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Big milestone over the Big Sky-pilot logs 4,000 hours in the F-15 aircraft

Lt. Col. Reed Drake gets a hug from his son Matthew, his biggest fan.  U.S. Air Force photo by Senior Master Sgt. Eric Peterson.

Lt. Col. Reed Drake gets a hug from his son Matthew, his biggest fan. U.S. Air Force photo by Senior Master Sgt. Eric Peterson.

GREAT FALLS, Mont. -- Four thousand flying hours is an acknowledged milestone in any aviator's career; however, 4,000 hours in one aircraft is truly an accomplishment. On Friday, Lt. Col. Reed Drake became the fourth pilot in the world to do just that. 

Immediately after his historic flight, Colonel Drake, call sign "Snake", was greeted with cheers by his fellow fighter pilots, well wishers, media, and his family. 

"My goal was to fly one hour in the F-15", said Colonel Drake. "If I can get more, I'll keep going." Unlike many professional and military pilots, Colonel Drake did not want to be an aviator at an early age. He took an interest in it during his junior year in high school. 

Colonel Drake started college as a pre-med student and was introduced to the Reserve Officer Training Corp by a fellow classmate. "After I found out I could fly after graduating from the program I became very interested," said Colonel Drake. 

He graduated with a bachelor degree in computer science from the University of Texas and took his first F-15 flight in 1988, and said he's never had a day where he didn't look forward to going to work. And who could blame him. For more than 21 years Colonel Drake has flown one of the nation's premier fighter aircraft.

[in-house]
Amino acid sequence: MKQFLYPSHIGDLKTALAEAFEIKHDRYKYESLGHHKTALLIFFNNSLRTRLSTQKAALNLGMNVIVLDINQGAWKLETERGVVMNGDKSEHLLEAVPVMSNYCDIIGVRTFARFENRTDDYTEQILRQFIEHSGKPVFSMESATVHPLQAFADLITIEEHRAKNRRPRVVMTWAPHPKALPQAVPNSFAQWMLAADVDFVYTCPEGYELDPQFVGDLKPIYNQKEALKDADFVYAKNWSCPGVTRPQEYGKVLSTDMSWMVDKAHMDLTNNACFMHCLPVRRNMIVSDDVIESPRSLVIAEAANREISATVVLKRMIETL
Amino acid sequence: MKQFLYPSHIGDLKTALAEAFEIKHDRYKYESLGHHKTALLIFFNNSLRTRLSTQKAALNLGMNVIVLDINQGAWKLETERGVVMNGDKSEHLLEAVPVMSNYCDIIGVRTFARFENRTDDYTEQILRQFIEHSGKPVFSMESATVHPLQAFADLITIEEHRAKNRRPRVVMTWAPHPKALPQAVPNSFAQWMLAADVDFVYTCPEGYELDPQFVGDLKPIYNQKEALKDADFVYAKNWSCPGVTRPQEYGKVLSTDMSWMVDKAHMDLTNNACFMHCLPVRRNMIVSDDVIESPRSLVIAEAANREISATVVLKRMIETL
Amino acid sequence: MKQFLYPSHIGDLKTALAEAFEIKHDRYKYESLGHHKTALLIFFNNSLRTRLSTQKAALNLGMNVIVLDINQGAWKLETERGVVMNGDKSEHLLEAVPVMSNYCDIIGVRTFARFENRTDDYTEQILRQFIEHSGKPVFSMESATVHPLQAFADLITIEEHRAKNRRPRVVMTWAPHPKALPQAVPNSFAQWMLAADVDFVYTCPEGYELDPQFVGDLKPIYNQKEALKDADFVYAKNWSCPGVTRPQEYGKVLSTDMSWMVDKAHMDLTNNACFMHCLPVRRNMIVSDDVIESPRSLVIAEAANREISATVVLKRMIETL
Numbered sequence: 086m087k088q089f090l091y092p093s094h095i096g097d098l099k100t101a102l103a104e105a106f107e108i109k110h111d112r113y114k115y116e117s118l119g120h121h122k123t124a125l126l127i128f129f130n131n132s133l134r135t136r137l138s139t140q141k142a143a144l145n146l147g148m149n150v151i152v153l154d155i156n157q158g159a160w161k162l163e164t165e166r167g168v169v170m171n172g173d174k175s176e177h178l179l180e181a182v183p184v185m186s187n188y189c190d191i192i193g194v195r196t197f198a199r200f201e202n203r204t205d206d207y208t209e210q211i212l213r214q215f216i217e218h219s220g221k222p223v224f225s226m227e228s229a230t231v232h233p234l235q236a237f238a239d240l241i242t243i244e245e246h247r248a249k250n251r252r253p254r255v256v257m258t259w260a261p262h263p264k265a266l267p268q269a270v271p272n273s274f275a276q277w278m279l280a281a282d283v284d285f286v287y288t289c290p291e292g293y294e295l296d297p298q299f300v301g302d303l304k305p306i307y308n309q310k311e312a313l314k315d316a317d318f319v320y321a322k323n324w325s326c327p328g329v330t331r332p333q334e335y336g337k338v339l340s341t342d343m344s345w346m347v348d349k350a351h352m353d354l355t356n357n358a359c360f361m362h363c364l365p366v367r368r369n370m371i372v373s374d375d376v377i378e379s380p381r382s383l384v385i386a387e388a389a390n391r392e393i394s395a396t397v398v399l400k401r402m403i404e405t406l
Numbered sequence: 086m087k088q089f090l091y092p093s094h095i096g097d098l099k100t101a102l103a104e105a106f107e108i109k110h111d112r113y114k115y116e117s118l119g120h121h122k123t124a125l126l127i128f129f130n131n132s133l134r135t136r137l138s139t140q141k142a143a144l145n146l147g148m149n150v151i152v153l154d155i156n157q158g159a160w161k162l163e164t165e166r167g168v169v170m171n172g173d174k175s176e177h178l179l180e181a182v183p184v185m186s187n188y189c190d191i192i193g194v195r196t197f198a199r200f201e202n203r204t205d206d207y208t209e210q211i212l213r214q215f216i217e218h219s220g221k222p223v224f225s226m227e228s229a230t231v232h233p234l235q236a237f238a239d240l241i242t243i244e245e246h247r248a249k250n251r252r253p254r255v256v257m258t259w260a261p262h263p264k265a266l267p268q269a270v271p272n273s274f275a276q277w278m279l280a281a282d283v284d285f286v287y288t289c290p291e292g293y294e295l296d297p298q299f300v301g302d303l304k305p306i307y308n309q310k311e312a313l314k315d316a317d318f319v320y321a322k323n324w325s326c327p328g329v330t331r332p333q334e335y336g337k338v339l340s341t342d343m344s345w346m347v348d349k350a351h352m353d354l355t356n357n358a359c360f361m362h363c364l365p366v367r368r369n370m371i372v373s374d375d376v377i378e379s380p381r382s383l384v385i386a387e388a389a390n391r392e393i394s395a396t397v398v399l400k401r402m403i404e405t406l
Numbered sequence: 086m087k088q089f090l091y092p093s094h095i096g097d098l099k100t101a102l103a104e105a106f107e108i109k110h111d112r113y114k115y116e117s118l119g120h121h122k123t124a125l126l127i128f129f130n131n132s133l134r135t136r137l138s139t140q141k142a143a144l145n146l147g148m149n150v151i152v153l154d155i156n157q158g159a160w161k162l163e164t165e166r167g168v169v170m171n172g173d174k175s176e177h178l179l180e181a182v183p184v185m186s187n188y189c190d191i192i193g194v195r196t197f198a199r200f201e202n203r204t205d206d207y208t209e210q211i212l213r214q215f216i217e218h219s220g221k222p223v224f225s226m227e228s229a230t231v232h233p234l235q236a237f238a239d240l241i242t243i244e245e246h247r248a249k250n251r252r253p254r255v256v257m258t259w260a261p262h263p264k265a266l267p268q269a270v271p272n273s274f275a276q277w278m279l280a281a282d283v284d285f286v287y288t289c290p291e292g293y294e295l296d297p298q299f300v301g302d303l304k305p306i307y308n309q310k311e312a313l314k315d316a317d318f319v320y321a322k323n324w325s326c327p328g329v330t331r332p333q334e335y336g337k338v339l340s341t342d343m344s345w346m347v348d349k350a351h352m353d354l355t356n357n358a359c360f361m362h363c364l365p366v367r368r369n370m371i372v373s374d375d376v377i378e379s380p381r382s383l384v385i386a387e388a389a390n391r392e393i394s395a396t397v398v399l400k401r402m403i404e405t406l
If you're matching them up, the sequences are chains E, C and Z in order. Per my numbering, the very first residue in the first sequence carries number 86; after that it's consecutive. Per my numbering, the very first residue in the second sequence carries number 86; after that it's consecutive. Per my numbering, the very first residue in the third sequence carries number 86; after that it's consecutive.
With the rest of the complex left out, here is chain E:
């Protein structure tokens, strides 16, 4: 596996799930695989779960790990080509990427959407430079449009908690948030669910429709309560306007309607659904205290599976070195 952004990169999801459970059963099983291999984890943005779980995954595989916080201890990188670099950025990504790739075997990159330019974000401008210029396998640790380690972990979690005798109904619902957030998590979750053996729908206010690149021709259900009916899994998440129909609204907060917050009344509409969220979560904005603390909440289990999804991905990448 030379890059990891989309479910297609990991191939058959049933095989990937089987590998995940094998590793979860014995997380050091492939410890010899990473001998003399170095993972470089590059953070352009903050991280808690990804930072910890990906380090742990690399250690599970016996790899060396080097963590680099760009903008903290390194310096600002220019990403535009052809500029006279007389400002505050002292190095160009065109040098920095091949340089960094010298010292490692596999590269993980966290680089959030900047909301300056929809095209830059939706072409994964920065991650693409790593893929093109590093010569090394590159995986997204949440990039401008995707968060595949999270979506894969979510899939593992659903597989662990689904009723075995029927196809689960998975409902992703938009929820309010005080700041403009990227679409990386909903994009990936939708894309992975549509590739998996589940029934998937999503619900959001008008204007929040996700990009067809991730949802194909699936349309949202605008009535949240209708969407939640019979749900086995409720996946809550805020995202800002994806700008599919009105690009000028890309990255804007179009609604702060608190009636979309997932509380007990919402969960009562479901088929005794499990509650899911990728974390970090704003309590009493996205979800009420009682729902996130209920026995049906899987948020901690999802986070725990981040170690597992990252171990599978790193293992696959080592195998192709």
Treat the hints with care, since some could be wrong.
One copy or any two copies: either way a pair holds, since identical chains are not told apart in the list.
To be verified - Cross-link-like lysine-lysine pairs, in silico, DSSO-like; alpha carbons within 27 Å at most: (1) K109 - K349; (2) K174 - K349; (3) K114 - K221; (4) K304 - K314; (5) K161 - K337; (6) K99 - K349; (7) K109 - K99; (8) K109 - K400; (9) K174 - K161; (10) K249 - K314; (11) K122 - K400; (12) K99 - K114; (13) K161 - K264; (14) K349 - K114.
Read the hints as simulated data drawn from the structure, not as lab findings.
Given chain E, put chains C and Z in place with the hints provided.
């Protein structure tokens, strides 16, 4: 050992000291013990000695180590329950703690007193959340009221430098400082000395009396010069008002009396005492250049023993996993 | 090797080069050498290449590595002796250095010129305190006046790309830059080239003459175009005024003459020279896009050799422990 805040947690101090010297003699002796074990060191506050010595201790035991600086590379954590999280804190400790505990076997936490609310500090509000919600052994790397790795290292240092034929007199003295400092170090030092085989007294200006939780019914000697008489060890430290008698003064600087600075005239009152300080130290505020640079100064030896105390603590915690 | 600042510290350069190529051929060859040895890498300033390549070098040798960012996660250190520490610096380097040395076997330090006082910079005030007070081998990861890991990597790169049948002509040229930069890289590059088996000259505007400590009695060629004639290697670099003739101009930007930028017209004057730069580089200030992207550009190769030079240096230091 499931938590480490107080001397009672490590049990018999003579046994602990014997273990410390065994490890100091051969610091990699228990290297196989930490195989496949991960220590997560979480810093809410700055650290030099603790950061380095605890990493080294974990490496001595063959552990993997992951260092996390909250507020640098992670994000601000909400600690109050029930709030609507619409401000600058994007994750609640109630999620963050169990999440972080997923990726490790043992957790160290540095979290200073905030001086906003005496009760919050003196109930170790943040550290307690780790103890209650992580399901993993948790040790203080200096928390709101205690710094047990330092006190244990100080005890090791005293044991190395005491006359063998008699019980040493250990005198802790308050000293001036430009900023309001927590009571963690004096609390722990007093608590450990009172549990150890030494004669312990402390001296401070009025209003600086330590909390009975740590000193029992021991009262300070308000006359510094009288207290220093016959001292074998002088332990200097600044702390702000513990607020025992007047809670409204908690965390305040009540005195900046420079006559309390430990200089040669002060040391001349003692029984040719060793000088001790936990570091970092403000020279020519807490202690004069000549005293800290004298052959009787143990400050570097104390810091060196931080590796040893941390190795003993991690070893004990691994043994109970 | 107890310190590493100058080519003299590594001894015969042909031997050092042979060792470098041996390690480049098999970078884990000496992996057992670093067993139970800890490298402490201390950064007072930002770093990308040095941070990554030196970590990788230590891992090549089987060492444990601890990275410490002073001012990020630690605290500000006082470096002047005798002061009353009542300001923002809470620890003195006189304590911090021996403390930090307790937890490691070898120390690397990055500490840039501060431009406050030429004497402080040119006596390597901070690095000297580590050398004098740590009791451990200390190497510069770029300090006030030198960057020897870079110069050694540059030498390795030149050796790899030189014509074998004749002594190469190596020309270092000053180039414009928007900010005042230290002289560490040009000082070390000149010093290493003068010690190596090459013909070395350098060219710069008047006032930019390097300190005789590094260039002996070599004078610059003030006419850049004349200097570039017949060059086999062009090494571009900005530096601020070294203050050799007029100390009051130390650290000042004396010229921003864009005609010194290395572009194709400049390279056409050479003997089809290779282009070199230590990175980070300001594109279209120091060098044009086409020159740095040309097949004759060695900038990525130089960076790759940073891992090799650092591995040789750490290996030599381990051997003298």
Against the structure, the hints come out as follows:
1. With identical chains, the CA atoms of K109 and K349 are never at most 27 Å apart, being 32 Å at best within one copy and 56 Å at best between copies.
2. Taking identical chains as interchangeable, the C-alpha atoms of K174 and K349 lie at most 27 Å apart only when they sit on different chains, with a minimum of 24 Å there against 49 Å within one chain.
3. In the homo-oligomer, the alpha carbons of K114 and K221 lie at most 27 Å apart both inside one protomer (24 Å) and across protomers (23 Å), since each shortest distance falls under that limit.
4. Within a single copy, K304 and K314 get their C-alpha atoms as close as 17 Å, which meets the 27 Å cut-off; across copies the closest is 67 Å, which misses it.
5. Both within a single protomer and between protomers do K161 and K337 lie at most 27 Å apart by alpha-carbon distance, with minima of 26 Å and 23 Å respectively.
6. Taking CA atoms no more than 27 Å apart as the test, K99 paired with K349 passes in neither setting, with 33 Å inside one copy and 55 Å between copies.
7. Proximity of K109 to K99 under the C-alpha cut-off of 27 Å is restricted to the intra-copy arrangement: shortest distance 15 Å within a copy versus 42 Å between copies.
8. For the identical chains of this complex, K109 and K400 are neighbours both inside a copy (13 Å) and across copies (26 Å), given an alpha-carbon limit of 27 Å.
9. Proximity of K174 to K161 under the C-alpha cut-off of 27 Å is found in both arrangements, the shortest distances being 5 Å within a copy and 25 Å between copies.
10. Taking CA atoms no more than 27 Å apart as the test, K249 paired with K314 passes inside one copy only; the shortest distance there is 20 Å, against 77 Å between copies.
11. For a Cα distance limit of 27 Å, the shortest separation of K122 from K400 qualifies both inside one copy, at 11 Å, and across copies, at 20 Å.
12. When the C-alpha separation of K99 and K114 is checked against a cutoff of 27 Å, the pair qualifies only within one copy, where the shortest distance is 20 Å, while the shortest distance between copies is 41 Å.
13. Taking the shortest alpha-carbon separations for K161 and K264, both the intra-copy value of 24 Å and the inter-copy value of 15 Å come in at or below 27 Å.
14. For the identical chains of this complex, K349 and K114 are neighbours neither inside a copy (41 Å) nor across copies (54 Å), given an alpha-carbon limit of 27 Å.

Asked about his most memorable flight in the F-15, commonly known as the Eagle, Colonel Drake said, "all of them have been memorable, every flight is different, and no two sorties are ever the same." Simulating knocking on wood, Colonel Drake said he has never had to eject or any serious emergencies. "Sure, there are always little things, but nothing too serious." 

What was even more interesting than the obvious world-class accomplishment was his bearing while being interviewed. He was very humble and unassuming about entering the history books of the F-15, and just felt honored to be doing what he loves. "Whatever you want and love to do, I'd say go for it because you get one chance in life to do it," said Colonel Drake. 

The 186th Fighter Squadron Commander, Lt. Col. Mike Buck presented Colonel Drake with a patch to wear on his flight suit depicting an F-15 with the word eagle in bold letters and 4,000 hours on the bottom. Only three other pilots in the world are sanctioned to wear the patch. 

Colonel Pete Hronek, the 120th Fighter Wing operations group commander said, "It's great to be able to bring him on board and he will be a tremendous help to our unit with the conversion." 

MTANG is currently converting from the F-16 to the F-15 aircraft and anticipates being full-mission ready in April of 2010. The F-15 is a small, highly maneuverable jet plane designed to fly combat missions in all weather conditions. Its primary mission is maintaining air superiority. In other words, its ultimate purpose is to defeat other planes in aerial combat. 

The Montana Air National Guard is not new to record setting. In 2004 Col. Mike McDonald became the fifth pilot world-wide to surpass the 4,000 hour mark in the F-16 aircraft.

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